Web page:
It's funny how many actors want to be musicians. As far as I can tell, not many musicians go around wanting to be actors.

It's funny how many actors want to be musicians. As far as I can tell, not many musicians go around wanting to be actors.

Steve Martin is a pretty good picker, but he's the second best banjo player in his own band. As a singing drummer and Americana dude, Billy Bob Thornton won't make you forget Levon Helm.

Jeff Bridges may be an exception here (as those who saw him last summer at Britt will testify), but he was playing guitar and singing before he decided to go into his dad's business.

Then there's Hugh Laurie. The 54-year-old British actor is known today as the brilliant but erratic Gregory House from television's "House." But he started piano lessons at 6. Half a century later, he's pretty good at it.

And he has the great, good sense to surround himself with a stellar seven-piece band — the Copper Bottom Band, it's called — that runs to men and women who are multi-instrumentalists and show-stopping singers oozing charisma.

The stage set Saturday night at the Craterian Theater at the Collier Center for the Performing Arts looked like a parlour in the French Quarter of New Orleans maybe 100 years ago — dim lights, funky old lamps, a Son House poster. Just the right sporting house vibe for the music Laurie is obsessed with.

The band laid down a meaty groove as Laurie entered with a glass of whiskey, resplendent in a Blues Brother-esque skinny suit and blue tie. Could there be any better song in the world with which to begin a New Orleans-heavy show than James "Sugar Boy" Crawford's "Iko Iko" — a song that's almost impossible to do a bad version of?

Laurie holds his own just fine on the keyboard, ripping off licks Dr. John wouldn't be afraid to claim. His singing is not at the level of his playing, nor does it have to be with the great singers on the stage. And he knows when to take his shots.

He addressed the TV thing, saying that it took a "leap of faith" for the audience to pay good bucks to see a man who was "until quite recently an actor." This was an opening for a joke about being on a flight on which the pilot announces that he was quite recently a dental hygienist.

The second song of the evening, "Come on Baby, Let the Good Times Roll," was a sing-along that served to get the audience involved and to show off the band's horn and rhythm sections. It was followed in quick succession by a funky blues, a Latin charmer and the deep soul of K. Michelle and Ray Charles' "What Kind of Man Are You?"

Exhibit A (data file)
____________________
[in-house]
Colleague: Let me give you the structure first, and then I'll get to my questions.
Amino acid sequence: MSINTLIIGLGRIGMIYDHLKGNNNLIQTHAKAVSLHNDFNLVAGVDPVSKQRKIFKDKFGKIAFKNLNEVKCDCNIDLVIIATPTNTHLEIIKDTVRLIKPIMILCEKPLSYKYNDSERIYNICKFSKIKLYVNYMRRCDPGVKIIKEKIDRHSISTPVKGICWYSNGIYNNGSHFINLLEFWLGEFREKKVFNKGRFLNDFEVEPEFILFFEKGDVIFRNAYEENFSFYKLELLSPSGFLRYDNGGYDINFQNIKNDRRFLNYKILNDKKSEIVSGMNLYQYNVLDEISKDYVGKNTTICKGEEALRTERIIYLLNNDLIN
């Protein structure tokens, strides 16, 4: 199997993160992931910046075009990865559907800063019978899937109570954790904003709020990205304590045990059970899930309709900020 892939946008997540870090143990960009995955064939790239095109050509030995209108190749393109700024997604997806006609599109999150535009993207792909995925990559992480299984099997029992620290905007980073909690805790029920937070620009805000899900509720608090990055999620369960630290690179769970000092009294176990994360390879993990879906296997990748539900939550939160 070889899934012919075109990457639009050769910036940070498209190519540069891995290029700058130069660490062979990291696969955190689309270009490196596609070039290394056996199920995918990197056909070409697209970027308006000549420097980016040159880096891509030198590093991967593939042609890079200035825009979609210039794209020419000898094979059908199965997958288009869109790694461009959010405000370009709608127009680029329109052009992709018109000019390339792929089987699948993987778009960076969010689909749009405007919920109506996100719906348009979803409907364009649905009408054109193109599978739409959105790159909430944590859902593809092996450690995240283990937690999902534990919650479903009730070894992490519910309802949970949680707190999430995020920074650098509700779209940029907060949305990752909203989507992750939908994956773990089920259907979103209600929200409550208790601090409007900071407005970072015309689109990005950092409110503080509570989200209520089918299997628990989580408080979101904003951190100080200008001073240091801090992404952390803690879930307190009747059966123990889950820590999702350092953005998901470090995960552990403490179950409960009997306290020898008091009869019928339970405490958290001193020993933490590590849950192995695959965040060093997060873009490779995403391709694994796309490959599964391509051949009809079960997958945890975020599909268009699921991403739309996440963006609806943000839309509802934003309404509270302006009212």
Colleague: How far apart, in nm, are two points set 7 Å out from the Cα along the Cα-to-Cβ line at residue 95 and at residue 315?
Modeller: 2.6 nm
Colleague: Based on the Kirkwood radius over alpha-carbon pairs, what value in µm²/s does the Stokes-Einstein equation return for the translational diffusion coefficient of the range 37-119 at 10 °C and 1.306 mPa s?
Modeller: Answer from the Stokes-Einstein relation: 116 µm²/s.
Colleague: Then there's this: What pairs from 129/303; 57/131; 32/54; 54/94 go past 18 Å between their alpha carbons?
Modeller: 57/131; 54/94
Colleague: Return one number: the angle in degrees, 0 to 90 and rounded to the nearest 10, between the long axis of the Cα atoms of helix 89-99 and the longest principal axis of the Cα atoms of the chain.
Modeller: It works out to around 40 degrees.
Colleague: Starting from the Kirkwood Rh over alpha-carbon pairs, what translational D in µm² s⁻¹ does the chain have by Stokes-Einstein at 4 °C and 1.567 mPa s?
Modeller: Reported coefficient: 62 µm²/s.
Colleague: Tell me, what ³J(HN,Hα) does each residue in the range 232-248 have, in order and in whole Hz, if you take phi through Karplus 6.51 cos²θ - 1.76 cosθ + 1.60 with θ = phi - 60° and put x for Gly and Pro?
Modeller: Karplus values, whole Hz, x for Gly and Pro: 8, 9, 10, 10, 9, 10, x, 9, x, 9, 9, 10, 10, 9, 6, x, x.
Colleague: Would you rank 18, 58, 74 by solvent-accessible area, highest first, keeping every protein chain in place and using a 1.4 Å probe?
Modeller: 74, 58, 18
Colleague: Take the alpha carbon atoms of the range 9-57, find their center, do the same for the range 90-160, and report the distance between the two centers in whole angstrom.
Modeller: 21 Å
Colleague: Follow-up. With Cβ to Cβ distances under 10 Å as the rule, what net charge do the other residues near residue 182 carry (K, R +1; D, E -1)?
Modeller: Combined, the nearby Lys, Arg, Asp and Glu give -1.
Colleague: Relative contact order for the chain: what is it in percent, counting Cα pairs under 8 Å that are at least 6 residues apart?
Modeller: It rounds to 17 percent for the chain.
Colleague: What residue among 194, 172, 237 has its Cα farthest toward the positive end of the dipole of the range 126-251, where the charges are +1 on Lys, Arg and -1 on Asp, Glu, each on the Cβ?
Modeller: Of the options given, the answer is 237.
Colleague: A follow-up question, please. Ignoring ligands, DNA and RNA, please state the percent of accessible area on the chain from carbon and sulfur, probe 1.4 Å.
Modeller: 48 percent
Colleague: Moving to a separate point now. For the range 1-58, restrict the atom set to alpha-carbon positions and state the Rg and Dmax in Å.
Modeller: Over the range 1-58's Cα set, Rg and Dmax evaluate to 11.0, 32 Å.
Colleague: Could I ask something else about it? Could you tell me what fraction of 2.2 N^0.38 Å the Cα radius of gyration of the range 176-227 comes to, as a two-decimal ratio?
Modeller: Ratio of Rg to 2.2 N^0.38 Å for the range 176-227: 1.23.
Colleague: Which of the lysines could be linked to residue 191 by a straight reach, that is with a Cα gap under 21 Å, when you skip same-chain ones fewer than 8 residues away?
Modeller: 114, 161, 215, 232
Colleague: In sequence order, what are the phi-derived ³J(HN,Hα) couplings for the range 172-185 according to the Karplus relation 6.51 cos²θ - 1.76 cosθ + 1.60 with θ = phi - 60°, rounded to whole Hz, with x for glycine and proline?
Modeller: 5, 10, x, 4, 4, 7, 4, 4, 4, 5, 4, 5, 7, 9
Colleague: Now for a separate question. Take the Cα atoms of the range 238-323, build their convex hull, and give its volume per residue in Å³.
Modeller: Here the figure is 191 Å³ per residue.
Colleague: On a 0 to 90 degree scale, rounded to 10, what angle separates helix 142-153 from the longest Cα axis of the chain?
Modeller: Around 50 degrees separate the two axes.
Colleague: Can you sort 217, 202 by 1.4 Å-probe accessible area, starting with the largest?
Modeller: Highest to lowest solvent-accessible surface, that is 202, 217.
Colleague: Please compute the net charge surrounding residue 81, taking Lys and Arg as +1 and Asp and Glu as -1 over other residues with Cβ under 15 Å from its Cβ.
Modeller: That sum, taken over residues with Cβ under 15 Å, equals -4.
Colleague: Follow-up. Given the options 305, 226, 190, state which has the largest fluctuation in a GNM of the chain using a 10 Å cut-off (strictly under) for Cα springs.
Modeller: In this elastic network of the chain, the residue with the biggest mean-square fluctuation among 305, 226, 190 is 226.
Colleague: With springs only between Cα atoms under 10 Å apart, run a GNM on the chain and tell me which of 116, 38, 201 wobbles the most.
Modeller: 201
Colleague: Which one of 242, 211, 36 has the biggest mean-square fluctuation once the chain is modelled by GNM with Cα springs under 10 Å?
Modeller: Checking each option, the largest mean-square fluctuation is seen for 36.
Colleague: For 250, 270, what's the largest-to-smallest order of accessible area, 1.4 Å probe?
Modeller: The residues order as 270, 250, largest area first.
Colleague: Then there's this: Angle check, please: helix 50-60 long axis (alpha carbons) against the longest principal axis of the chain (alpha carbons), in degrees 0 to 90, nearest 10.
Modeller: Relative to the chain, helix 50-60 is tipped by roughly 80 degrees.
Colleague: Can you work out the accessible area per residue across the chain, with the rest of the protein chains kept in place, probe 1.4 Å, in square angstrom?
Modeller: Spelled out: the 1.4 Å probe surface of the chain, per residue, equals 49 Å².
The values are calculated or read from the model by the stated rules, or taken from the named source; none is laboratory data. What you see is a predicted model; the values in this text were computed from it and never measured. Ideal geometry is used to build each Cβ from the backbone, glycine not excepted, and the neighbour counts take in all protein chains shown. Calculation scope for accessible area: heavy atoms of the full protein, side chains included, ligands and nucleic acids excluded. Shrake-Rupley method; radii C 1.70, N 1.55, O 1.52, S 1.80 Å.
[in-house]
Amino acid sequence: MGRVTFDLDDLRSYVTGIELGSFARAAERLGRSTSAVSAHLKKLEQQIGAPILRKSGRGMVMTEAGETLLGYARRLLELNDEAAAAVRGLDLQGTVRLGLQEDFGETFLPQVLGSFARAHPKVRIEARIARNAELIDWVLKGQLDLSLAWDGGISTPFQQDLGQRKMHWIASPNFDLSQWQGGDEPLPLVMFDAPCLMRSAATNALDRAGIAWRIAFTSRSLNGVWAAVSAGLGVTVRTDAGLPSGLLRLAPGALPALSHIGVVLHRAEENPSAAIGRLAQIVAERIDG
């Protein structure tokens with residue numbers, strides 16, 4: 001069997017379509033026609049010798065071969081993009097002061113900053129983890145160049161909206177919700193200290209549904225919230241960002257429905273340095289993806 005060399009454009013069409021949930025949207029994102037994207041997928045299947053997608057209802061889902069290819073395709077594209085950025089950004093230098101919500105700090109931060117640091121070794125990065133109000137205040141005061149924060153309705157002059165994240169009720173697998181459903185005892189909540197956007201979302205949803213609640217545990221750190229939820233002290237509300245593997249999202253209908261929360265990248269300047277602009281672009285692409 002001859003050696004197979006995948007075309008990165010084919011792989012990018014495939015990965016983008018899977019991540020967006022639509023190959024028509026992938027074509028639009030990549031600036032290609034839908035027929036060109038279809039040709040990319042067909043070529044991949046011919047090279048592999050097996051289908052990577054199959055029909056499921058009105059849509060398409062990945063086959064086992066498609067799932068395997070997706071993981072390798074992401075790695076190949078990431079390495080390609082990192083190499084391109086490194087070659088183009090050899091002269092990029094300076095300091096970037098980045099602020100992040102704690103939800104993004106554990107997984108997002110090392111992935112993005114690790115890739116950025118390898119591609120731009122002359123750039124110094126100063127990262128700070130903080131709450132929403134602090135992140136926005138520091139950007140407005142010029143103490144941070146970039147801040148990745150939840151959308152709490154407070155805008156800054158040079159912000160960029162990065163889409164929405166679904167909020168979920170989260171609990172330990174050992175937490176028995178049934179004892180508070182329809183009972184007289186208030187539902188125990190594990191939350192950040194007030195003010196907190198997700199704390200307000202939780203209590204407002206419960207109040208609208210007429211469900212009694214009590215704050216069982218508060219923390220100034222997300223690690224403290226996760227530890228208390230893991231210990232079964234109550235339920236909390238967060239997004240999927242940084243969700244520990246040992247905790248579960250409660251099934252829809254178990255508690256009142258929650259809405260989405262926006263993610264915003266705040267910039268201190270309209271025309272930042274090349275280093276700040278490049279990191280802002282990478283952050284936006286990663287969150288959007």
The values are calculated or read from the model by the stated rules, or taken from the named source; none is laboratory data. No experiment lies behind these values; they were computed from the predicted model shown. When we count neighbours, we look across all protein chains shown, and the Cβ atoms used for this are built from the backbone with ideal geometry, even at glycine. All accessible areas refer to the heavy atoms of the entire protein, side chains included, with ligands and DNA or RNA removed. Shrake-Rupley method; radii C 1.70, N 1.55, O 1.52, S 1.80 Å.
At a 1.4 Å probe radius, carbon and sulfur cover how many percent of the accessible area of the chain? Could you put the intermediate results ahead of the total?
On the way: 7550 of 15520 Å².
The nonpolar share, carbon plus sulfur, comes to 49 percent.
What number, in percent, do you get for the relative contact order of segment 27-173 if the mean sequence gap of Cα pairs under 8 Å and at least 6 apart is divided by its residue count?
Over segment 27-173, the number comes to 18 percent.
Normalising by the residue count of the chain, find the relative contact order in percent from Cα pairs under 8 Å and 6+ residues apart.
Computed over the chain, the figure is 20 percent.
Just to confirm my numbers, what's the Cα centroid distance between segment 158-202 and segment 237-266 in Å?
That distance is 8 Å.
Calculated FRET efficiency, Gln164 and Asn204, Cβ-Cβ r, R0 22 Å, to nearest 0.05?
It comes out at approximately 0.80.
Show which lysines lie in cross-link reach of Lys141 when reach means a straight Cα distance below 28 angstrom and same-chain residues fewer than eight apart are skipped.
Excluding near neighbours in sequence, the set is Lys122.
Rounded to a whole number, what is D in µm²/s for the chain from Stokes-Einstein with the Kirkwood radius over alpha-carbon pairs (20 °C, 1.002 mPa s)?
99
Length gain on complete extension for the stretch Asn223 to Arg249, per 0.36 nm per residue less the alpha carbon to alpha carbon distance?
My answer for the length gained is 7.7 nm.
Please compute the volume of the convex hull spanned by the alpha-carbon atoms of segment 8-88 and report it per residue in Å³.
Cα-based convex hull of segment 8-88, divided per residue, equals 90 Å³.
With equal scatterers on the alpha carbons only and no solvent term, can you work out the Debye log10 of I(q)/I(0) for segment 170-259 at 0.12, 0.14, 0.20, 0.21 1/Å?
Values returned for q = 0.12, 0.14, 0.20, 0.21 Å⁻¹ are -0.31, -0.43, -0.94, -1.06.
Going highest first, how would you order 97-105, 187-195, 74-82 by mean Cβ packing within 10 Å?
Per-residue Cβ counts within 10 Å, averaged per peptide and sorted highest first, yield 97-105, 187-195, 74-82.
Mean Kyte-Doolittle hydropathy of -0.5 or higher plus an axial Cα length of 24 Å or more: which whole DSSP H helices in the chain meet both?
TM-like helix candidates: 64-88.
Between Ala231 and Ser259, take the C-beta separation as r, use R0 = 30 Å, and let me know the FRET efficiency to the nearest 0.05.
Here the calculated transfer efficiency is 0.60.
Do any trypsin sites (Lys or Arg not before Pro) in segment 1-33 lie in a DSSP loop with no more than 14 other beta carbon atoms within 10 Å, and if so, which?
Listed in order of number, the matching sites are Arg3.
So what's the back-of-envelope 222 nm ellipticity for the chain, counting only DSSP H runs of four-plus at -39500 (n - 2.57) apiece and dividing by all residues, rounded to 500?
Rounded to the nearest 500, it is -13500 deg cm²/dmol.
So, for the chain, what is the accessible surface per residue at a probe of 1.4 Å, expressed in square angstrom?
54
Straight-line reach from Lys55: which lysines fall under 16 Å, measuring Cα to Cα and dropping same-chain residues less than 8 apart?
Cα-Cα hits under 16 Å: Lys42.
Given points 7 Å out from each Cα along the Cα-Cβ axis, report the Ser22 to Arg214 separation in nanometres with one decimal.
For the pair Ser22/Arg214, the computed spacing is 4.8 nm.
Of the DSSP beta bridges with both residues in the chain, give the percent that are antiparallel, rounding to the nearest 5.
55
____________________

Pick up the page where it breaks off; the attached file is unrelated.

A Latin note surfaced here and there, with the classic Argentinian tango "El Choclo" in a mashup with Louis Armstrong's "Kiss of Fire." Yes, Hugh Laurie singing tango: "I touch your lips and all at once the sparks go flying / Those devil lips that know so well the art of lying."

Hey, it worked. Everything about this show worked. And Laurie clearly looked like a man having the time of his life, and knowing it and counting his lucky stars. Schmoozing the audience, dancing, bopping and pogoing around the stage, singing songs made famous by artists your grandparents thought were old hat: Bessie Smith, Leadbelly, Sister Rosetta Tharpe, Jelly Roll Morton.

He introduced less vintage numbers by saying the some were written by artists "still living." He strummed guitar on Junior Parker's "Mystery Train," played spare to the bone piano on the old chestnut "Crazy Love" and delivered Hoagy Carmichael's "Lazy River" with three guys from the band in a barbershop version that raised the hairs on the back of your neck.

The highlight of the show for a reviewer was a towering "St. James Infirmary Blues," which made up for omitting lots of verses with sheer, rockin', rampaging musicanship. In the end, this charming, highly theatrical show had 700 Craterian fans on their feet boogying. Imagine that.

Bill Varble writes about arts and entertainment for the Mail Tribune. He can be reached at